Using the district-wise malaria incidence and blood examination data (2003–2013) from the National Vector Borne Disease Control Program, blood examination-adjusted time-trends in malaria incidence were estimated and predicted for 2003–2013 and 2014–2016, respectively. An interrupted time series analysis using segmented regression was conducted to compare the disease trends between the pre (2003–2007) and post-intensification (2009–2013) periods. Key-informant interviews of state stakeholders were used to collect the information on the various anti-malaria strategies adopted in the state.


The state annual malaria incidence declined from 10.82/1000 to 5.28/1000 during 2003–2013 (adjusted annual decline: -0.54/1000, 95% CI: -0.78 to -0.30). However, the annual blood examination rate remained almost unchanged from 11.25% to 11.77%. The keyinformants revealed that intensification of anti-malaria activities in 2008 led to a more rapid decline in malaria incidence during 2009–2013 as compared to that in 2003–2007 [adjusted decline: -0.83 (-1.30 to -0.37) and -0.27 (-0.41 to -0.13), respectively]. There was a significant difference in the two temporal slopes, i.e., -0.054 (-0.10 to -0.002, p = 0.04) per 1000 population per month, between these two periods, indicating almost a 200% greater decline in the post-intensification period. Although, the seven southern high-burden districts registered the highest decline, they continued to remain in that zone, thereby, making the achievement of malaria elimination (incidence <1/1000) unlikely by 2017.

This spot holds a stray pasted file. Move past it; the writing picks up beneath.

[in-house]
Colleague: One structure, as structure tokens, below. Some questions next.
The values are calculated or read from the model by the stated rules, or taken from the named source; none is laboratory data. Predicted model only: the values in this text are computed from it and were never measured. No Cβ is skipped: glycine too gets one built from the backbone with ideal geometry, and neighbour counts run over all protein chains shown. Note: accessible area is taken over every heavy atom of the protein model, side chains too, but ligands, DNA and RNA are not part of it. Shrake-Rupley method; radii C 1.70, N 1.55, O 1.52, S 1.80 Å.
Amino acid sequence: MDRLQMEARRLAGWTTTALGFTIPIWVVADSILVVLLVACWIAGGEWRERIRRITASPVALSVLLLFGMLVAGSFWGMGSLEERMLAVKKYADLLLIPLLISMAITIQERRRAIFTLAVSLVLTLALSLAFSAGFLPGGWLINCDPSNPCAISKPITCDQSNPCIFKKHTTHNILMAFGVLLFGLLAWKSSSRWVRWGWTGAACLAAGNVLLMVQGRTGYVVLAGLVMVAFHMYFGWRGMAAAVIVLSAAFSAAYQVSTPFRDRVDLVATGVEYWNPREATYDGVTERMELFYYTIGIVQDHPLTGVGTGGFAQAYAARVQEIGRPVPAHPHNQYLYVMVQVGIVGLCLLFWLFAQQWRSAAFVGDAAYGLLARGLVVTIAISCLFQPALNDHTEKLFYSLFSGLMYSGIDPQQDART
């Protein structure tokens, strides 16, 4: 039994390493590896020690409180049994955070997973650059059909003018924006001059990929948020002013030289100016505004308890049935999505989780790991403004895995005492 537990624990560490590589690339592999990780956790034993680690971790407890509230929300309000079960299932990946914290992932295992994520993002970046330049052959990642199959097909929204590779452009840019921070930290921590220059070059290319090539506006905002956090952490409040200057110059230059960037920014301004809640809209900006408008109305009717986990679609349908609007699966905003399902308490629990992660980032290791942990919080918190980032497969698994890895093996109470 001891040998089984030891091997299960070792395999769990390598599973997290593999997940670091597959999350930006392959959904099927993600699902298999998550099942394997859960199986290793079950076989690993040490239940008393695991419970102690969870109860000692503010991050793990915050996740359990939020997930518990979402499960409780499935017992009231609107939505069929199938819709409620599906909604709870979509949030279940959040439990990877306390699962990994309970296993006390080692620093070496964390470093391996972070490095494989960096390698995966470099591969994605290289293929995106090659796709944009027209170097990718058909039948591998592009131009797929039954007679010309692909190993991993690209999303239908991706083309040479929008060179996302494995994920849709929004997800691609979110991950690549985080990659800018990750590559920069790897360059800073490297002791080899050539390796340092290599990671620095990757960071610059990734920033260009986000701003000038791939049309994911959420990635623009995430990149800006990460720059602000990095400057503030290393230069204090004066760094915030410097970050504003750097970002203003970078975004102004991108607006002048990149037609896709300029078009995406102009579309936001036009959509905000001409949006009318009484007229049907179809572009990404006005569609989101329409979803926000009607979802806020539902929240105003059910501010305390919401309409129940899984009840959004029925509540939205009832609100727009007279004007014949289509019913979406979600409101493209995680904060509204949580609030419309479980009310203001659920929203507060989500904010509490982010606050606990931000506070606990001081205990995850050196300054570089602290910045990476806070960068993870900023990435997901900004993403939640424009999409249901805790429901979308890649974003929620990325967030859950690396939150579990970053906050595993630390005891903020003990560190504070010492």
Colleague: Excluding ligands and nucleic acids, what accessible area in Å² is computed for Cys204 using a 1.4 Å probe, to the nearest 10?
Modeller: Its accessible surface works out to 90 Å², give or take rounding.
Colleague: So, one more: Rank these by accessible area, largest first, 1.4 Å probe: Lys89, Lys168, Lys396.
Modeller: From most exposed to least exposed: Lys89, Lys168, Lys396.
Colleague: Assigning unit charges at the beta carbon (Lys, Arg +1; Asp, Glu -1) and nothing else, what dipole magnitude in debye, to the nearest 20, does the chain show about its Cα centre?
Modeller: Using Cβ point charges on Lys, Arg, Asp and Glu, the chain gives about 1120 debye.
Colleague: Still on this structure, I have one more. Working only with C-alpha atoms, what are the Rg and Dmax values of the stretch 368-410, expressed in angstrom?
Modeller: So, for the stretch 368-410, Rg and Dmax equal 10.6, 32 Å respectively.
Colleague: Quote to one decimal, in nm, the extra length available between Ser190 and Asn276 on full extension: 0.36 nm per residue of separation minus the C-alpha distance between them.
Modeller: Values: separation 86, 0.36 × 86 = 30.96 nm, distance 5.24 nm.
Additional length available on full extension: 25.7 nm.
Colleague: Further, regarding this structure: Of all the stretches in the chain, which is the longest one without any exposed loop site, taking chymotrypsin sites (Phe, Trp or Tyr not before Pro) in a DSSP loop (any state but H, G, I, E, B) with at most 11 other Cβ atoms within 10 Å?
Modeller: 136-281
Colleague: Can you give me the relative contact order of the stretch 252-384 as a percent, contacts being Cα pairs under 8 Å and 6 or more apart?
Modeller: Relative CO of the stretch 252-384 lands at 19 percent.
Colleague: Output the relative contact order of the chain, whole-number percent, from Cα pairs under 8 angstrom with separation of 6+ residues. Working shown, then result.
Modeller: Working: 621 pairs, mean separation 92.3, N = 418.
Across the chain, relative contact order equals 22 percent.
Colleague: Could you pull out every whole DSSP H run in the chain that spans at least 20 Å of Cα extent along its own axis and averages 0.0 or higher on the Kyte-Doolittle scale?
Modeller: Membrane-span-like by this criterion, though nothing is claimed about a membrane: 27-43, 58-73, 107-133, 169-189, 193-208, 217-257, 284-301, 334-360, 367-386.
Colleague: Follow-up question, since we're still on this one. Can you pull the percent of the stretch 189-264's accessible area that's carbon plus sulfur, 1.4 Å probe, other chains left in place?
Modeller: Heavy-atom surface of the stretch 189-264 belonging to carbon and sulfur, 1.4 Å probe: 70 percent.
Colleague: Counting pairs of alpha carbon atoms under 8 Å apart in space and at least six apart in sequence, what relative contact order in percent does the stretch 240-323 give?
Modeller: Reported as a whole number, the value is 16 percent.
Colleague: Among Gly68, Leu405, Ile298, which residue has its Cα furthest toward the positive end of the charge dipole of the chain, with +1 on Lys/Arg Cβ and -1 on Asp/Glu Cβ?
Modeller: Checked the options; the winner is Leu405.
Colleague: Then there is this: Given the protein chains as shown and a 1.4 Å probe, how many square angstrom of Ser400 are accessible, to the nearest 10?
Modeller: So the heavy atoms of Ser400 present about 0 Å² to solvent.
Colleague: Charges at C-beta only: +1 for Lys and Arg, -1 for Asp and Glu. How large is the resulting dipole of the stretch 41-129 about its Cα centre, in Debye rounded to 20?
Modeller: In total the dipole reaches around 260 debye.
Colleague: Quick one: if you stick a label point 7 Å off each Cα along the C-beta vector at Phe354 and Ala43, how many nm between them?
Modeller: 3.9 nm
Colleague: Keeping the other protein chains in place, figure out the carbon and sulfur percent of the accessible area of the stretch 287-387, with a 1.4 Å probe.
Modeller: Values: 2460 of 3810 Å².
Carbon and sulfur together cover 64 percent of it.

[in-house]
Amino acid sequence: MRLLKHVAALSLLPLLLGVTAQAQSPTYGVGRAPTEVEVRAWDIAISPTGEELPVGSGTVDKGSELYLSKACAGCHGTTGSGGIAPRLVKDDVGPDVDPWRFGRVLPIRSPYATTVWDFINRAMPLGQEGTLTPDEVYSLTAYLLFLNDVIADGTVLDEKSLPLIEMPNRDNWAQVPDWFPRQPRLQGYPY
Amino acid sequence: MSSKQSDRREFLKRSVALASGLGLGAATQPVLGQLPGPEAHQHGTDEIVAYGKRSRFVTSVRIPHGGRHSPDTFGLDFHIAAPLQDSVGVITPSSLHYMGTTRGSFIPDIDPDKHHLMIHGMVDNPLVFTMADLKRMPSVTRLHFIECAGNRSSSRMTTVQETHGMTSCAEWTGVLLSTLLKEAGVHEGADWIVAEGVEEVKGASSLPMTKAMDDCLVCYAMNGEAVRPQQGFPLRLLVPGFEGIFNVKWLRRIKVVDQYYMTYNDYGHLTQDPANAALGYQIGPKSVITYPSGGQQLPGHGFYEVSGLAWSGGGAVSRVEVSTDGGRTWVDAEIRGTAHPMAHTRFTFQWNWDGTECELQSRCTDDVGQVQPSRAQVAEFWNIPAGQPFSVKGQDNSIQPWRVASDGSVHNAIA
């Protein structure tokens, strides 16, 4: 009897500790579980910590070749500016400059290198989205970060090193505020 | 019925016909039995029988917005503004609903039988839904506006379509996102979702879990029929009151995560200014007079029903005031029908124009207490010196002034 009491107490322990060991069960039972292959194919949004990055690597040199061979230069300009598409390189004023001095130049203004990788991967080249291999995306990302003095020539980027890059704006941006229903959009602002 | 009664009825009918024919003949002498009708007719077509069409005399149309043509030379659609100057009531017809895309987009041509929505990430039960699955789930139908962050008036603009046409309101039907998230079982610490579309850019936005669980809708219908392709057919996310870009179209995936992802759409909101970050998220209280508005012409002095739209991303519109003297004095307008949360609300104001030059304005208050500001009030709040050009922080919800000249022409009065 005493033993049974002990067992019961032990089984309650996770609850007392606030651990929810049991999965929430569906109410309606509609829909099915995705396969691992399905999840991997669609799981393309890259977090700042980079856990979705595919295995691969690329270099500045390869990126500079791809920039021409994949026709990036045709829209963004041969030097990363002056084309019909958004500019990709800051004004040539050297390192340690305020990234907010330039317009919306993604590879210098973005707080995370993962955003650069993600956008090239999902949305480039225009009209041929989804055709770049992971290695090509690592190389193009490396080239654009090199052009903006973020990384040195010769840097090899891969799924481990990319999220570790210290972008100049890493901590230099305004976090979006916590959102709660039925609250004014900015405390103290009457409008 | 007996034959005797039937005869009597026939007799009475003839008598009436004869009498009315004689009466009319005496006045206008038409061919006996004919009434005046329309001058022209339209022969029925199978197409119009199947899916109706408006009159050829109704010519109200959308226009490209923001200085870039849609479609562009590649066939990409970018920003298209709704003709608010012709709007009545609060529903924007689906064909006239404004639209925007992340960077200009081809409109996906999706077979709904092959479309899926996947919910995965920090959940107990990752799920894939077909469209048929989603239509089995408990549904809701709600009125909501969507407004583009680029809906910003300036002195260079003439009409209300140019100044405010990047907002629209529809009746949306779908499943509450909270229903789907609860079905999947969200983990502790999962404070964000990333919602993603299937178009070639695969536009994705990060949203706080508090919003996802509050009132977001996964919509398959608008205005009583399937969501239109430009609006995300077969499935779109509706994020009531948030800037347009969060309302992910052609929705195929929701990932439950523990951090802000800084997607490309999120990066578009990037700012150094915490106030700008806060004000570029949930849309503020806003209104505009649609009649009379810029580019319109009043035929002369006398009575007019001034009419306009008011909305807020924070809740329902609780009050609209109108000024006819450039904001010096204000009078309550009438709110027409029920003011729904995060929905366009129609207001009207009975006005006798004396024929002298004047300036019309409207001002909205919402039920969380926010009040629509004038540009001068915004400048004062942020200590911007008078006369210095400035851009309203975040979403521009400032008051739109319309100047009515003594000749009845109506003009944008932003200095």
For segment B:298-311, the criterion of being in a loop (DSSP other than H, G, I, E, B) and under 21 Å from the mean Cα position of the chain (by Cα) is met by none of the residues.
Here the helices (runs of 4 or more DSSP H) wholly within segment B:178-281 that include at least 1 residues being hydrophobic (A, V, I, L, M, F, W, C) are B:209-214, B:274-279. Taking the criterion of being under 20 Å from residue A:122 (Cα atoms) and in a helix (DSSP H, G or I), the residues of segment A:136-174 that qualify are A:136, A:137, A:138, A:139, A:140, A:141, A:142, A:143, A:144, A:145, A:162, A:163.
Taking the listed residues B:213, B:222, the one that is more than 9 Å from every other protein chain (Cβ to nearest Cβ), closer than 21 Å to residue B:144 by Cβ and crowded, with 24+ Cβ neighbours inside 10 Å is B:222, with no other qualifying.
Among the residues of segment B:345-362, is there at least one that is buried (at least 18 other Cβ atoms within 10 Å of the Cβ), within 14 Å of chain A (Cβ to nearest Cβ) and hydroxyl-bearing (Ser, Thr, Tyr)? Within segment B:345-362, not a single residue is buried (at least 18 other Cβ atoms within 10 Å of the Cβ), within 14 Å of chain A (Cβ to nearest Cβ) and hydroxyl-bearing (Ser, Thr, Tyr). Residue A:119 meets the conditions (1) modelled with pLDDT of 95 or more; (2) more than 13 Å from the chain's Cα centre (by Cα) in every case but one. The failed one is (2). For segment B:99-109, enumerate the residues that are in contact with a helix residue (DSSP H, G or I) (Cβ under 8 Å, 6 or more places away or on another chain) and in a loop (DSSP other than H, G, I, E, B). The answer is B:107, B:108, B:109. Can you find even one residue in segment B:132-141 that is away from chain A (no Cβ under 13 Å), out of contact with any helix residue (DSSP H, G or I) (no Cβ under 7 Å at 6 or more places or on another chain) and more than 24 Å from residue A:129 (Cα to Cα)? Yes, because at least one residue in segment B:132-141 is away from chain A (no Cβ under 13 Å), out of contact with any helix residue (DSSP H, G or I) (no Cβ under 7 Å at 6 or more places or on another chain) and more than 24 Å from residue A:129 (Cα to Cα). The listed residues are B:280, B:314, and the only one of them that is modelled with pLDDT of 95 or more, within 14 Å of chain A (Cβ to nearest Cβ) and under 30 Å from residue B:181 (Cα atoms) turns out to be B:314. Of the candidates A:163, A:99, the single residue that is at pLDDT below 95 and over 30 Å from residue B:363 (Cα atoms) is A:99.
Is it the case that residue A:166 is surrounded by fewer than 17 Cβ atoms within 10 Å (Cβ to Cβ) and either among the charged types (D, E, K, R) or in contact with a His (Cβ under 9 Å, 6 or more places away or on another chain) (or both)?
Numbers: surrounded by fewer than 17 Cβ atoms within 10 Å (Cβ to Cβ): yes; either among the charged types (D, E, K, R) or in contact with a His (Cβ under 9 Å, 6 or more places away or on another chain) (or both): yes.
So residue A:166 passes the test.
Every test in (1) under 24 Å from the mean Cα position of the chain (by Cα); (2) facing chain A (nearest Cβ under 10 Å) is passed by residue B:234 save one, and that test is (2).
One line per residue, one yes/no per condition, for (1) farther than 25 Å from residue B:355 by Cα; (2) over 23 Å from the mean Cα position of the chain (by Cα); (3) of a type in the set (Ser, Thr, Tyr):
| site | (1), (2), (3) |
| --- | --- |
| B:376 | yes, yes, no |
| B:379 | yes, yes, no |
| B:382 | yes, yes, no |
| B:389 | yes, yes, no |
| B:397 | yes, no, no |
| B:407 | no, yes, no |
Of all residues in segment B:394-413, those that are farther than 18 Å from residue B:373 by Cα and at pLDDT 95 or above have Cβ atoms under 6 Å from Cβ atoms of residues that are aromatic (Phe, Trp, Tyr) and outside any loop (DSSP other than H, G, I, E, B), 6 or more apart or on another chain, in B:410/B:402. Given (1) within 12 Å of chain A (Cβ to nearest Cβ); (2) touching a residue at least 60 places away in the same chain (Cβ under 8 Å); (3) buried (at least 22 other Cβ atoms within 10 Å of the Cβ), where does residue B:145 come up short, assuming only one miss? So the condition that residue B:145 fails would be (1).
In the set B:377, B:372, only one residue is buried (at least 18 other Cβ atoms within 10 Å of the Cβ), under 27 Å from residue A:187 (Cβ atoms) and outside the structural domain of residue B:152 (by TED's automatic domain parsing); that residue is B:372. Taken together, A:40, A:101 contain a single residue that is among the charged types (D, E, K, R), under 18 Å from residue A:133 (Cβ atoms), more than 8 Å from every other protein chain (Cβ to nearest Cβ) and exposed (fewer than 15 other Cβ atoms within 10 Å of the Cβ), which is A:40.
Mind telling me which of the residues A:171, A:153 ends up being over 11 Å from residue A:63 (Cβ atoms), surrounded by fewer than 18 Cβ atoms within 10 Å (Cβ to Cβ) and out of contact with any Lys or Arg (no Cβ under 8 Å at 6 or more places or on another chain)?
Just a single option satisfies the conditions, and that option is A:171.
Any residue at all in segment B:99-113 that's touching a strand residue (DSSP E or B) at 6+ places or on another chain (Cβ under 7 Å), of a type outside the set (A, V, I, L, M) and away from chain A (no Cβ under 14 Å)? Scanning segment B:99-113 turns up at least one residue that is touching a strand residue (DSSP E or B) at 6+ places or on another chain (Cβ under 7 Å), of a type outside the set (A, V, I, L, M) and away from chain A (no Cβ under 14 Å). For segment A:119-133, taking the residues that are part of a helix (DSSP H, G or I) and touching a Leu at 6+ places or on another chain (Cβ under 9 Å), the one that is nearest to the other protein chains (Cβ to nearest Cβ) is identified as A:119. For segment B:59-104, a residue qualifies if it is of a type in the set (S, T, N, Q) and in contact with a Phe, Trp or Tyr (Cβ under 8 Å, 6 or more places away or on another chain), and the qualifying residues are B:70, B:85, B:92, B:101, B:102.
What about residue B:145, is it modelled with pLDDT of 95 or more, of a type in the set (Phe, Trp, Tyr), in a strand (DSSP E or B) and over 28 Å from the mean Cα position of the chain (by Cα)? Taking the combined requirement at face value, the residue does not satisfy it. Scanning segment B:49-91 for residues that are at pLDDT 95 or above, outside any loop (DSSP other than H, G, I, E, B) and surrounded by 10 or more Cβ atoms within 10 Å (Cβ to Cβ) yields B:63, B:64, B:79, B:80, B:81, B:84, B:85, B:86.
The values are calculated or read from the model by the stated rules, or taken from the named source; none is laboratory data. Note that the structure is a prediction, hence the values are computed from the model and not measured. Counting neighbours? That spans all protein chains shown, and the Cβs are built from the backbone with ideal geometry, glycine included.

The anti-malaria strategies in Odisha, especially their intensification since 2008, have helped improve its malaria situation in recent years. These successful measures need to be sustained and perhaps intensified further for eliminating malaria from Odisha.


Being a major contributor to human morbidity, mortality, and economic adversity, malaria is a significant public health problem in India[1,2]. With a ubiquitous year-round presence in the country, it exacts an unacceptable toll on the health of people of all ages[3]. As per the World Malaria Report (WMR) 2013, India contributed to about 52% of the two million confirmed malaria cases in South-East Asia.